India Inc, already braving an uncertain economic environment and low investor confidence, gave a thumbs-down to the land acquisition Bill, cleared on Thursday. The second legislation in a row aimed at aam aadmi, after the food Bill on Tuesday, prompted the corporate world to scream "anti-industry".
Companies were united in giving their verdict that the move was likely to push up land prices, thereby hitting industrial projects and the overall economy.
According to Confederation of Indian Industry (CII) president S Gopalakrishnan, the cost of land acquisition is likely to increase by three to three-and-a-half times, making industrial projects unviable and raising costs in the overall Indian economy. "Industry has serious concerns on some of the provisions of the Land Acquisition Bill," he added.
Indicating the frustration of India Inc, Rahul Bajaj, chairman, Bajaj Auto, argued that industry might look abroad for expansion now. "Hundreds of countries acquire land but these countries do not make it so difficult for industry to acquire land as this bill proposes to do. I fear industry may be forced to look abroad for expansion and diversification."
(Read the complete Land Bill)
DLF group executive director Rajeev Talwar said with land acquisition getting difficult and time consuming, prices would shoot up. "We have got huge land parcels already. But if the new law makes land acquisition difficult and time consuming, the value of land will go up and ultimately impact the prices."
In the current form, it will delay the land acquisition process further, said Talwar. "If land availability is in surplus, then one would make affordable projects but if its availability is curtailed, one would be forced to raise property prices."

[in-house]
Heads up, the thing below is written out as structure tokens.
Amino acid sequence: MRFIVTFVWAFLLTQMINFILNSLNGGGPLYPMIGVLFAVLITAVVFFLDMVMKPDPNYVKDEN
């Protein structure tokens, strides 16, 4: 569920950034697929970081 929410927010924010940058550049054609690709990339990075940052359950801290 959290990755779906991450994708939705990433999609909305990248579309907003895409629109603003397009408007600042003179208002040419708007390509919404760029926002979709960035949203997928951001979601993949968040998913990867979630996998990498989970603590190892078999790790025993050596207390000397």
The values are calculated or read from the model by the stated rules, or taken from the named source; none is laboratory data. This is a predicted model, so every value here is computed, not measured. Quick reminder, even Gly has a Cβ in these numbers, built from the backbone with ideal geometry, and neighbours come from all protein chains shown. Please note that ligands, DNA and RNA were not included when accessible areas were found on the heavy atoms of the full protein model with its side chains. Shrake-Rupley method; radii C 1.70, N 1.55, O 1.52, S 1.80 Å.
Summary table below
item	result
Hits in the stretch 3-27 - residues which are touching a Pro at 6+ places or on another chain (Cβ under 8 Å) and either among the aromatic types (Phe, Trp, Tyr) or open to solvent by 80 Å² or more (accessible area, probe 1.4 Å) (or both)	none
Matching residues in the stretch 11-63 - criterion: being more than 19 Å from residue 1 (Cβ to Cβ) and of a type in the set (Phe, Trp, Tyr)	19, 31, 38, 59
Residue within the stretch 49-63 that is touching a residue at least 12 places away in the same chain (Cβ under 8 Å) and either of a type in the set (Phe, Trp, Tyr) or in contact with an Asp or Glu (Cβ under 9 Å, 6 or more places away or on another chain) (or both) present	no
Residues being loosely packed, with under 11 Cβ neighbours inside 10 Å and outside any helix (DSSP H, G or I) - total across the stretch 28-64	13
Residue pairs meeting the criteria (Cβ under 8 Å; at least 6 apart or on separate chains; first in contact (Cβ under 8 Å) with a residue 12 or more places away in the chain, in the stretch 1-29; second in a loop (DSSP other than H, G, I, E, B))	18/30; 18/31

GVK group chief financial officer Issac George agreed project costs for companies would go up, and so would cost of houses for individuals. "So, I have my reservations on whether it's pro-industry."
Despite the government thrust on infrastructure projects, even those would be adversely impacted,said company executives. Rajgopal Nogja, group chief operating officer, HCC, said the legislation would lead to further holding up of the infrastructure projects.
Many projects are already languishing due to the failure of authorities to acquire the necessary land for development. The linear and multiple process norms will make land acquisition difficult, Nogja said, adding companies might have to drop the idea of development in some cases.
Securing consent of 70-80 per cent of landowners, a mandatory requirement in the Bill, might take three to five years, making land acquisition a herculean task, according to the HCC official.
Companies also indicated that the legislation would bring in a high risk of multiple litigations.
Supertech chairman R K Arora also said land acquisition process would be delayed further as consent of 70 to 80 per cent owners would be required. "It will impact the overall growth in all the sectors." Arora added house prices would definitely increase.
It is better to give back farmers some portion of developed land than outright compensation, quipped Lalit Kumar Jain, president, Confederation of Real Estate Developers Association of India.